What is Work Culture?

By Sean Gordon

Gone are the days of sitting in a grey office constantly staring at a screen from 9-5. As organizations are continuing to evolve and develop, new objectives around what culture within the workplace looks like have emerged. Organizations create objectives and goals to bring individuals together on a common platform, motivating individuals to perform at their best every day. It is essential for employees to enjoy showing up and being able to confidently own their role. Work culture plays a vital role in cultivating the best from employees and creating loyalty within the organization. So how do you achieve this?

There is no one-step solution to create the best workplace culture. It looks different for every organization. Before we give you a few tangible steps to identify a healthy work culture, let’s better define what work culture is:

Company culture is a focus that looks at:

  • Attitudes, beliefs, and thought processes of all employees.
  • Principles, ideas, and values of the organization.

Work culture is how employees interact with one another and how the organization functions. When organizations have strong work culture, they follow the organization’s rules and regulations and fully adhere to the guidelines. However, this line becomes grey when companies have strict procedures that make their employees feel unheard, unseen, and invalid in the workspace.

Characteristics of A Healthy Work Culture

A healthy work culture fosters satisfied employees and increases motivation and productivity.

Employees must champion each other.

Individuals have to respect one another. Gossip and hurtful intentions should not take up space in your organization. Both are unprofessional and produce unhealthy work culture. There will never be any benefit or gain of tearing down others, nor does any gain come out of a policy that supports it.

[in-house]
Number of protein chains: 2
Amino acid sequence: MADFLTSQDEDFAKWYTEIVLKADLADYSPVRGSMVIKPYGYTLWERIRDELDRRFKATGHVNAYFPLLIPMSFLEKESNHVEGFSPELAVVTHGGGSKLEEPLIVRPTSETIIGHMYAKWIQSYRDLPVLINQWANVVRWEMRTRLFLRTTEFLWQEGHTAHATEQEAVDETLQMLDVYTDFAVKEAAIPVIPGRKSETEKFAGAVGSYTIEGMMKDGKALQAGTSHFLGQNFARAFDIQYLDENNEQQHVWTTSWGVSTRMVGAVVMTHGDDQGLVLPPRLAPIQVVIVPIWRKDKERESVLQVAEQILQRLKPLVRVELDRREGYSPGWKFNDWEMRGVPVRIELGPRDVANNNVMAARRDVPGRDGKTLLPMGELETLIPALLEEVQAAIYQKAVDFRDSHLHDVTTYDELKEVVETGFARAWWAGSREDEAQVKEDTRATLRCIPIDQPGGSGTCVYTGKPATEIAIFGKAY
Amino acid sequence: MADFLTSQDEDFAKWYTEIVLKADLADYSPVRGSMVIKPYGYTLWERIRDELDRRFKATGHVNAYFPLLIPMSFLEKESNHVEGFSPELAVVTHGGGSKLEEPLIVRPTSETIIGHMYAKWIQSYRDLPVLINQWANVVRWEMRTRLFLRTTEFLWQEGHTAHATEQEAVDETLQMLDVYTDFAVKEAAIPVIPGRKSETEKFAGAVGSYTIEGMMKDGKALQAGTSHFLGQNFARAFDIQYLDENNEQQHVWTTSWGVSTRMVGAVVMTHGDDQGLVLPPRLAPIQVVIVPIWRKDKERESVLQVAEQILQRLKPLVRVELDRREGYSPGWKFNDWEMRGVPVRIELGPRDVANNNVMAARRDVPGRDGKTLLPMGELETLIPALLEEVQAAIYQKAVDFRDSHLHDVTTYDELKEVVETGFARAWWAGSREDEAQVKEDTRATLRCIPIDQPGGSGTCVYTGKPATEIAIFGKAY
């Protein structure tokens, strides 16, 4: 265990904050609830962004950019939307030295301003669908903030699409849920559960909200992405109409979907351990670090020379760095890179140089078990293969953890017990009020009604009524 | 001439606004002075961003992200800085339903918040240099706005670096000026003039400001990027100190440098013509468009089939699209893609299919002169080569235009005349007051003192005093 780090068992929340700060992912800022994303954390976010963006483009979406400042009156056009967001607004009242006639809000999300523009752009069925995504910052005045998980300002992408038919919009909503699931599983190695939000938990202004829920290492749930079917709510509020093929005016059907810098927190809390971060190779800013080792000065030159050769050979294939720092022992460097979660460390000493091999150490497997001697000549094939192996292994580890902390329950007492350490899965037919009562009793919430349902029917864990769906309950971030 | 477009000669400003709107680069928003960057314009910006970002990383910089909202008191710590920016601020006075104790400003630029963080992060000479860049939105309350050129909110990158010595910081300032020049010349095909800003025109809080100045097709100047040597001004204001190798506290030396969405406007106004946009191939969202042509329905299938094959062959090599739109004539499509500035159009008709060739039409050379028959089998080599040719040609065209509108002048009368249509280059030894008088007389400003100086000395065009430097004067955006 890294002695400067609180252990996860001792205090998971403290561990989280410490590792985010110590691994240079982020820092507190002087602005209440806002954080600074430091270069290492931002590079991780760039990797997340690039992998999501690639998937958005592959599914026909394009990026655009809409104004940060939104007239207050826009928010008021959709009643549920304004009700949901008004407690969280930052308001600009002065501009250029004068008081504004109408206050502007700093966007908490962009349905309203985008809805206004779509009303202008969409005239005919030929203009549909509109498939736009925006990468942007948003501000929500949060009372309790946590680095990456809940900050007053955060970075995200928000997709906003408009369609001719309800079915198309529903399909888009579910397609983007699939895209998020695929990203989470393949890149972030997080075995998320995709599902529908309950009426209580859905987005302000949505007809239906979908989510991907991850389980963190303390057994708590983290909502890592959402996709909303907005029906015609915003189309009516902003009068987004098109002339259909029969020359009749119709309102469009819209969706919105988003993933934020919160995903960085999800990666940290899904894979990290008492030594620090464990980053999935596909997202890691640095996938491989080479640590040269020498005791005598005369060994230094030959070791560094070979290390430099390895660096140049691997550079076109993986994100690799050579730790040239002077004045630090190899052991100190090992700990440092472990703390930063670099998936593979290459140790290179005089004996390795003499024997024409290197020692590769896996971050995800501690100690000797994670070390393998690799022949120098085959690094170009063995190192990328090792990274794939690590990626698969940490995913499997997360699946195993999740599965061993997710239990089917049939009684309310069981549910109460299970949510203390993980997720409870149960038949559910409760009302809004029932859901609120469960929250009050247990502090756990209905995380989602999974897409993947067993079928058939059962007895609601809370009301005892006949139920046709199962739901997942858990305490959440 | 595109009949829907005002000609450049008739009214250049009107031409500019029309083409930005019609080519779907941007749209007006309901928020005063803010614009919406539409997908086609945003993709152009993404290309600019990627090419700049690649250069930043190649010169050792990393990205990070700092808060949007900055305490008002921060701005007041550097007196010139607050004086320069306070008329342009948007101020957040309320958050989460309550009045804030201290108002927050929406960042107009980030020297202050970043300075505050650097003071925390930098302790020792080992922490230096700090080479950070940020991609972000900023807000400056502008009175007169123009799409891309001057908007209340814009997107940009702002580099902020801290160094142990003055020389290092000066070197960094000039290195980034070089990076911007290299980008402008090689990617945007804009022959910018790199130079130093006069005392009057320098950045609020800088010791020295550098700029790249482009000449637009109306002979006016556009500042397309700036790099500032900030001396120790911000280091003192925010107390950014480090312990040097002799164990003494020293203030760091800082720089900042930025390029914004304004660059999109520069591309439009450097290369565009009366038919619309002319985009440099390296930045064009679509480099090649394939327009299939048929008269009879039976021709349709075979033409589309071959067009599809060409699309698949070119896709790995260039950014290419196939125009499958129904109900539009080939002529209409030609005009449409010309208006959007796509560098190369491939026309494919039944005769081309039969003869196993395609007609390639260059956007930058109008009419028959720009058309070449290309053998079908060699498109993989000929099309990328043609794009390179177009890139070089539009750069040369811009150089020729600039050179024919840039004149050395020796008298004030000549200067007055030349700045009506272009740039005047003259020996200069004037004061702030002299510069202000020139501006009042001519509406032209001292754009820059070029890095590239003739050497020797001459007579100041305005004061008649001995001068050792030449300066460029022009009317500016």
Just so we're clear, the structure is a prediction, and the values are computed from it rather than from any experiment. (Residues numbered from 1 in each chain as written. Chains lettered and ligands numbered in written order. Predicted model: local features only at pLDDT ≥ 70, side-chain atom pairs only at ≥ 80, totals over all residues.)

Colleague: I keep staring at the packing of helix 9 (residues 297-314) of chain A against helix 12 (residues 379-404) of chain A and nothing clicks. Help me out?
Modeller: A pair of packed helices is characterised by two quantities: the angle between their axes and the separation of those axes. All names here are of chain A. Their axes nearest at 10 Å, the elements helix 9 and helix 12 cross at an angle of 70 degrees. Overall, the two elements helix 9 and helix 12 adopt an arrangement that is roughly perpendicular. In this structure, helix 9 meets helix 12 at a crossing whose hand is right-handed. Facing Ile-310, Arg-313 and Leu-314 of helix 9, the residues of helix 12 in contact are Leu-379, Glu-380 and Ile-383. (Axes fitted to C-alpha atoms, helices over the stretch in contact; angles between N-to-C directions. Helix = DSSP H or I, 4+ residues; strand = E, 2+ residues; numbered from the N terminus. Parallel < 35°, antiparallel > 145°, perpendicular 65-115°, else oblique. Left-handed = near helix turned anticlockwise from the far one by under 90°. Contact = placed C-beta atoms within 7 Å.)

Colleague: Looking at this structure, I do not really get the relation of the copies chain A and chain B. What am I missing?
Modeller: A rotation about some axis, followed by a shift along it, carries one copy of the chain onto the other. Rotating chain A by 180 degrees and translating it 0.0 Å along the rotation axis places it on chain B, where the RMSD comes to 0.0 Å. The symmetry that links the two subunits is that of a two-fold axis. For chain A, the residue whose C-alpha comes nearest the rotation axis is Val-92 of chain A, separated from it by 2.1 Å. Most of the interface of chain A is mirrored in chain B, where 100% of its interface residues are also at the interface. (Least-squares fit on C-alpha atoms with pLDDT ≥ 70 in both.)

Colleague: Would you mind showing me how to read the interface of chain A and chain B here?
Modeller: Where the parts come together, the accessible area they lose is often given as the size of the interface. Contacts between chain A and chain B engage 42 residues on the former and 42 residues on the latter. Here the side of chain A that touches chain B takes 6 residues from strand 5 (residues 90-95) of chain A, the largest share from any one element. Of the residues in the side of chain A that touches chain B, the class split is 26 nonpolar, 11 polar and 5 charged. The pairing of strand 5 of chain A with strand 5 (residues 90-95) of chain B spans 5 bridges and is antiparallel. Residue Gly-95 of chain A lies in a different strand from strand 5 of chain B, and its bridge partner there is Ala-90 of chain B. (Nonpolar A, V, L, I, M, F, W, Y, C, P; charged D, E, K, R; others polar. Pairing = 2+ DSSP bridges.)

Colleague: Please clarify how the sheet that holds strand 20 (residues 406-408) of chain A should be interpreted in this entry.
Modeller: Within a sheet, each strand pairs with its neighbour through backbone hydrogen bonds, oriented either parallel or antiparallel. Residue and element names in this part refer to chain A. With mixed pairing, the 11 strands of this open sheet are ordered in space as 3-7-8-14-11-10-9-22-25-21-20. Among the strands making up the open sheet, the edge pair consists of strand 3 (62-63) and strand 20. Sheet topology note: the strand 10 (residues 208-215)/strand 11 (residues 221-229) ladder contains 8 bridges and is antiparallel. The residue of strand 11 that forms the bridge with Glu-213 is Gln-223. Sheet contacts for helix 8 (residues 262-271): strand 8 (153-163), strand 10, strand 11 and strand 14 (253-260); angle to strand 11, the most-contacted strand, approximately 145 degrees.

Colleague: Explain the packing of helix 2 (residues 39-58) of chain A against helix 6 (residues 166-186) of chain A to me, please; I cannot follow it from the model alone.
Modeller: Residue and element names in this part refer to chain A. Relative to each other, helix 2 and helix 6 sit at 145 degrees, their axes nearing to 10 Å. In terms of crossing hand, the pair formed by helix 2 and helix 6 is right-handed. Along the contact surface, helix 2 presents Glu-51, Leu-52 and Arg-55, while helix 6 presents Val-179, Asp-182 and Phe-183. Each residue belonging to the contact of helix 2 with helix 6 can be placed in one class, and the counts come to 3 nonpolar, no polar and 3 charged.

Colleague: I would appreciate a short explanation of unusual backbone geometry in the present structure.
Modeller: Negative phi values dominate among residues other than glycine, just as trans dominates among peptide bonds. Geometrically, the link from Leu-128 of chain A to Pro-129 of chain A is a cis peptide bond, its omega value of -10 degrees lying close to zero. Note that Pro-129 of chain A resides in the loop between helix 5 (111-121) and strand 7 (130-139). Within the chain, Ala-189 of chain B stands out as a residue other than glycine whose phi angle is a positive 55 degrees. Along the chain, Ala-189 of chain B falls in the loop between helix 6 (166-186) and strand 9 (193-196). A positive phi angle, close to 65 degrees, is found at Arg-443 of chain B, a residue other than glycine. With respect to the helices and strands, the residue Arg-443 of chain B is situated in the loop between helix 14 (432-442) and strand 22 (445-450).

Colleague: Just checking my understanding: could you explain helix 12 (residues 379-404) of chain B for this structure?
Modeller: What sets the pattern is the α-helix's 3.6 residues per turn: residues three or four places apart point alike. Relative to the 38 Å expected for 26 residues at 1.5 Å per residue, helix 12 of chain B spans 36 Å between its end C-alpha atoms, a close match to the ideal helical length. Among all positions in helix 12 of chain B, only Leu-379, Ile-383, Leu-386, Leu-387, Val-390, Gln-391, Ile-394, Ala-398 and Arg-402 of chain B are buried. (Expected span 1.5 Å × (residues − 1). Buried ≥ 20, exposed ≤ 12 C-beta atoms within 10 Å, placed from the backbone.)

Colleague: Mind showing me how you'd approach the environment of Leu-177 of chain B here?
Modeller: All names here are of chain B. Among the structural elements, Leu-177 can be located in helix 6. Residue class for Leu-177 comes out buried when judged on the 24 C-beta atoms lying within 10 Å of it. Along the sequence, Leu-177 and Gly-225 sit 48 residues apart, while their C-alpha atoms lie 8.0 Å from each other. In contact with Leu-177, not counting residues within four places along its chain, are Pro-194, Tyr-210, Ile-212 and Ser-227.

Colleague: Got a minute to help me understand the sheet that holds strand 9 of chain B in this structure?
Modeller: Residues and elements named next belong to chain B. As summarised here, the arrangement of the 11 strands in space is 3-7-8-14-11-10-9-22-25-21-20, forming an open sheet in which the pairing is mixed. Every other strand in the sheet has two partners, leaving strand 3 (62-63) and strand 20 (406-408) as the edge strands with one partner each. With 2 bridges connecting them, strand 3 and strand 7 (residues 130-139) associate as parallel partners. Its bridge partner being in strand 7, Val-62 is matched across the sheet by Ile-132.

Equality must speak louder.

Partiality produces an uneven playing field within your workforce. As an organization, you should always be striving to produce an atmosphere that promotes equality. Favoring a select few employees can hurt the overall health of your organization, causing individuals to feel left out and less than. A key tip for including everyone in your workspace is to provide educational tools that advocate for inclusive conversations and equality.

Celebrate big wins.

Praise your employees when they are performing well. Give them a pat on the back and encourage them in their efforts. People should be able to confidently feel that they have value in your organization. Instead of focusing on criticizing underperformers, celebrate those who are making strides.

Create practical guidelines and friendly policies.

Goals have to be specific, measurable, and attainable. In order to create a great work culture, your organization has to have goals that fit all of these parameters. If you’re not setting attainable but challenging goals, you’re setting your company up for failure.

Be reasonable in what you’re asking. Asking your employees to work late on a birthday or anniversary wouldn’t be practical. Rules, regulations, and goals should be for the benefit of your people and your organization, not your organization alone.

Everyone is a leader, not just you.

Bosses should have a mentor approach toward their employees. Your team leaders should serve as a source of inspiration for subordinate employees. Your leadership should empower and encourage team members to take incentive and responsibility. Have conversations with employees about ways that they can lead within their own role. When everyone feels that they have a responsibility to be a leader, they stay highly motivated and seek opportunities for growth within your organization.

The investment you make in your people matters. These tips help access how to integrate healthy company culture into your workspace.

To learn more about building a strong company culture, check out our blog on Why Building A Strong Company Culture Is Vital to Your Organization.

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